I've noticed them translating simple present Spanish into present participle English a lot lately. Is simple present typically used this way in everyday Spanish? (in this particular example, they use 'hago' instead of 'estoy haciendo')
I'll note it did accept "I make a chocolate cake" as an acceptable translation, but gave back "I am making a chocolate cake." as the primary translation.
In Spanish, the present tense is commonly used to express both. English speakers use the continuous form much more than Spanish speakers. Generally, context is sufficient to convey the intended meaning, and explicitly stating the continuous form is reserved for when the distinction is important.
Yes, when you first learn to speak or write English, it may help to think "how would Tarzan" say this.
For example, if one person threatens another, it's almost always something like this:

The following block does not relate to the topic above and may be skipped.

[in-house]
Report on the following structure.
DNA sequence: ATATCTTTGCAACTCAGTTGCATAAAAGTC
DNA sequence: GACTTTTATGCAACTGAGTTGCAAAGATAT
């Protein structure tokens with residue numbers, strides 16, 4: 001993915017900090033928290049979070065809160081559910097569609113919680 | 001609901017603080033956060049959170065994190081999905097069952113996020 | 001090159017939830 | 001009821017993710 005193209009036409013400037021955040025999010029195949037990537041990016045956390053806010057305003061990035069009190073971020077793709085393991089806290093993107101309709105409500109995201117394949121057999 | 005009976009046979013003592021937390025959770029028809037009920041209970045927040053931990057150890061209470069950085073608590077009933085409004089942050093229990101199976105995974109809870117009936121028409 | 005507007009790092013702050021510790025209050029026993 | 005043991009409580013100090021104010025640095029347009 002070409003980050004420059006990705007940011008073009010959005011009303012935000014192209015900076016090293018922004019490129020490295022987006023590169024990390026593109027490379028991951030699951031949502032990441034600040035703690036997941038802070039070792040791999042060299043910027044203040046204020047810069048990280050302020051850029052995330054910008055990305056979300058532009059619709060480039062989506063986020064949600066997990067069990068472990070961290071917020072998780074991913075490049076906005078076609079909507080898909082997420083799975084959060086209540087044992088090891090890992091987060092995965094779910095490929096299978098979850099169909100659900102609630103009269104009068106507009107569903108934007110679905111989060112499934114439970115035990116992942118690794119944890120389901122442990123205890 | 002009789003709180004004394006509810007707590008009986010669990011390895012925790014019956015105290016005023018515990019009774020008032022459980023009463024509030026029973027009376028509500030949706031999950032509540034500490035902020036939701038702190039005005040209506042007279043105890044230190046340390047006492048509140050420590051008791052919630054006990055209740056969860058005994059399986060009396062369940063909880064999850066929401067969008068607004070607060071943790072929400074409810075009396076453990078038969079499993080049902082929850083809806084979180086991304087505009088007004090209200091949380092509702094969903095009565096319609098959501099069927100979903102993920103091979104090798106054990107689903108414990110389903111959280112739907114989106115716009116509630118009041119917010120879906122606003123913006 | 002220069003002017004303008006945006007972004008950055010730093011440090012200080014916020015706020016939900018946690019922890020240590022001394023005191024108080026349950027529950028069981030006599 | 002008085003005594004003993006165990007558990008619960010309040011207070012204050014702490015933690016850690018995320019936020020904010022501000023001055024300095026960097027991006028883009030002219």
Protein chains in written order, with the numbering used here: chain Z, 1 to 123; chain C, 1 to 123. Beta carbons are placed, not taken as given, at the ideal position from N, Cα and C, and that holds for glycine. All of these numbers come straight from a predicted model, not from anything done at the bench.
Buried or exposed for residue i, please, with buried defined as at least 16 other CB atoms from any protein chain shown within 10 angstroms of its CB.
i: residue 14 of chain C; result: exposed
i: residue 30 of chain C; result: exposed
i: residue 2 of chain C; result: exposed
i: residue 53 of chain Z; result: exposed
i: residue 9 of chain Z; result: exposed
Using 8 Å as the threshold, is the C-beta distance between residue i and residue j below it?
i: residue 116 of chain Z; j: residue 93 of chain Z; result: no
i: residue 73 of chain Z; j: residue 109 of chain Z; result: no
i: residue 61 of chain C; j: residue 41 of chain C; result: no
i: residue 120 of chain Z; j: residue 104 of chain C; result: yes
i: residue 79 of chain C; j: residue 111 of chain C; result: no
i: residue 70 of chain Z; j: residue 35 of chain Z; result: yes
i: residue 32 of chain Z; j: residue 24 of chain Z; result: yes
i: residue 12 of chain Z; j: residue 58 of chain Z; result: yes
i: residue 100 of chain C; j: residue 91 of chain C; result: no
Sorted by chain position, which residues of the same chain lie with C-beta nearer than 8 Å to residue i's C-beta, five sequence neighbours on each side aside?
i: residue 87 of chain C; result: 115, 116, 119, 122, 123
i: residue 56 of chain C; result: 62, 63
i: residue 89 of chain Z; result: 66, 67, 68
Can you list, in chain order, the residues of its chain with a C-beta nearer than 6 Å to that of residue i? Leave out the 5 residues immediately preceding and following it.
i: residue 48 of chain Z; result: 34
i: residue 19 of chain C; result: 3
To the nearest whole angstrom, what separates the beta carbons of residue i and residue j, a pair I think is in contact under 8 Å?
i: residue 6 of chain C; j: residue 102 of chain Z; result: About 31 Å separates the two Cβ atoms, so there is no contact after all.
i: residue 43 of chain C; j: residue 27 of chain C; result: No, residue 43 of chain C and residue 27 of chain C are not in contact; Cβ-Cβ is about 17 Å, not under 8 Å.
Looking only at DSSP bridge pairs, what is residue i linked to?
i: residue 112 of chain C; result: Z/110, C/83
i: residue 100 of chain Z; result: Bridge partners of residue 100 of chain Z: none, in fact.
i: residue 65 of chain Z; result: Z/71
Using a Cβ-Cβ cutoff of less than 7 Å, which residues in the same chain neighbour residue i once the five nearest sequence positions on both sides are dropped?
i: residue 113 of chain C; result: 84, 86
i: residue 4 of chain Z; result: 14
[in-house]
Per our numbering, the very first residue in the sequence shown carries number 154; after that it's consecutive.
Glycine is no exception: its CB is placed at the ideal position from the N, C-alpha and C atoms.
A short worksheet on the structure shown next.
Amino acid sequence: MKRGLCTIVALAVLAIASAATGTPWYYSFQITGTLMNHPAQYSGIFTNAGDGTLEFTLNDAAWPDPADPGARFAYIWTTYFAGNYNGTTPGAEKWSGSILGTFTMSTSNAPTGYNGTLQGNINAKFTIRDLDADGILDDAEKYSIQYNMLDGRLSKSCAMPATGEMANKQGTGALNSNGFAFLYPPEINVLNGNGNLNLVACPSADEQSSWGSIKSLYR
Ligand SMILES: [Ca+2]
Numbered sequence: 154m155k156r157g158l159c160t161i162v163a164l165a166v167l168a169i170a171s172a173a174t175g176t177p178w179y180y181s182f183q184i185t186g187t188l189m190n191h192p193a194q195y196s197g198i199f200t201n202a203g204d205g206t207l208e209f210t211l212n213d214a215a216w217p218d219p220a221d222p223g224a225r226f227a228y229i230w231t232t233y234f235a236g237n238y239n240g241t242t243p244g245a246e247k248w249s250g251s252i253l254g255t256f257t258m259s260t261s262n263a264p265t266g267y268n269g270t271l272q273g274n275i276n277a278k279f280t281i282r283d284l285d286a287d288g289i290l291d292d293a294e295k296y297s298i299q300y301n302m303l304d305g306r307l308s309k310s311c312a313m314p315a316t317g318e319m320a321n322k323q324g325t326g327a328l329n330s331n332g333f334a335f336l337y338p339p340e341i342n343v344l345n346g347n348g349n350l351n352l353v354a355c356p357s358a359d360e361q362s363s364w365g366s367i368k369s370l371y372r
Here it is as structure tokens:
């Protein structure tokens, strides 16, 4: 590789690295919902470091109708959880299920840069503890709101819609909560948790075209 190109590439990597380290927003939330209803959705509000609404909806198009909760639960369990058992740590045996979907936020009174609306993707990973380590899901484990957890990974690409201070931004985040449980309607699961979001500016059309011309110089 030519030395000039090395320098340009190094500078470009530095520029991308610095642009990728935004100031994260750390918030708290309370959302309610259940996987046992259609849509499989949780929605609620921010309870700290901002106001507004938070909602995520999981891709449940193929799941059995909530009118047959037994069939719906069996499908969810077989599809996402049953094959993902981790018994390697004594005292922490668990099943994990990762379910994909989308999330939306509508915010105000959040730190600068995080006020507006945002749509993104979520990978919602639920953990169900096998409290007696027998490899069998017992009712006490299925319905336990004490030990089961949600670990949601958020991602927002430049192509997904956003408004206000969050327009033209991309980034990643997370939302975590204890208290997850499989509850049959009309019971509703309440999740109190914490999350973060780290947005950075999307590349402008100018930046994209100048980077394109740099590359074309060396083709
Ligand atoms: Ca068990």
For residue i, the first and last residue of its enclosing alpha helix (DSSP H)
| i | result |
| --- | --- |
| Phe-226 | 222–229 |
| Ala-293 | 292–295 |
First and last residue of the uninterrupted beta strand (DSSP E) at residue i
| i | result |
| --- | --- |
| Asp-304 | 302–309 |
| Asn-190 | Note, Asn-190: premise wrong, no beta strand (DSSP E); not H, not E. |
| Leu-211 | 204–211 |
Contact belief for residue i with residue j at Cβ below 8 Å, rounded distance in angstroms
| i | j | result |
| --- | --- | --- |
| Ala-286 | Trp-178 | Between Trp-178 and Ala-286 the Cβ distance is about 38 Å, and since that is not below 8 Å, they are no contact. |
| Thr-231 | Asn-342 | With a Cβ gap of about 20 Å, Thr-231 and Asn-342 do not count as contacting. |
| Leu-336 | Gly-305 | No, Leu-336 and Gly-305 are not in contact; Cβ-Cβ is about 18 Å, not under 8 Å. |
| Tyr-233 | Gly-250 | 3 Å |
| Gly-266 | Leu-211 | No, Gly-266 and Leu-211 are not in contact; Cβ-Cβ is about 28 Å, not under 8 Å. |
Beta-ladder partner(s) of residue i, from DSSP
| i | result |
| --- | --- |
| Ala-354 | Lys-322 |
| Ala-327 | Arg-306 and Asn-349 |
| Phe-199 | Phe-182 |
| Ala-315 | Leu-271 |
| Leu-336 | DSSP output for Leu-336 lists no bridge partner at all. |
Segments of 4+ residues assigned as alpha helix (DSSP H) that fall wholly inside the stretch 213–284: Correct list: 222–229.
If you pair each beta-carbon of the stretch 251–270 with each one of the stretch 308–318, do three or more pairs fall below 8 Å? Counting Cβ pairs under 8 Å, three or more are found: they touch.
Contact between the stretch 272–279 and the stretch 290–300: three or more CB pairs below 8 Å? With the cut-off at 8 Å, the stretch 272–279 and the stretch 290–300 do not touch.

Literal: I kill you.
How it would really be said in English:
I'll kill you.
I'm going to kill you.
Please note I do not intend to criticize Spanish. I think it's great! Everyone would know what I meant if I could just say "I kill you" Why did English evolve into a language where we have to use extra words, when fewer words could communicate just as much?
Another example: answering the door.
English: I'm coming!
My understanding is that you use "Estoy haciendo" when you are actually making it while you are speaking. Like being caught in the act.
In English, "I am making chocolate cake" is perfectly acceptable. One doesn't need the indefinite article.
It is needed to specify that you are making only one cake and not five, eight, or twelve...
Why can't "Yo hago un pastel de chcolate" be "I am making choclate cake"? Why does it have to be "I am making a chocolate cake"?
I can't hear the "un" under normal speed. Do anyone else have the same problem? Is there some other clue that i should have noticed? Thanks.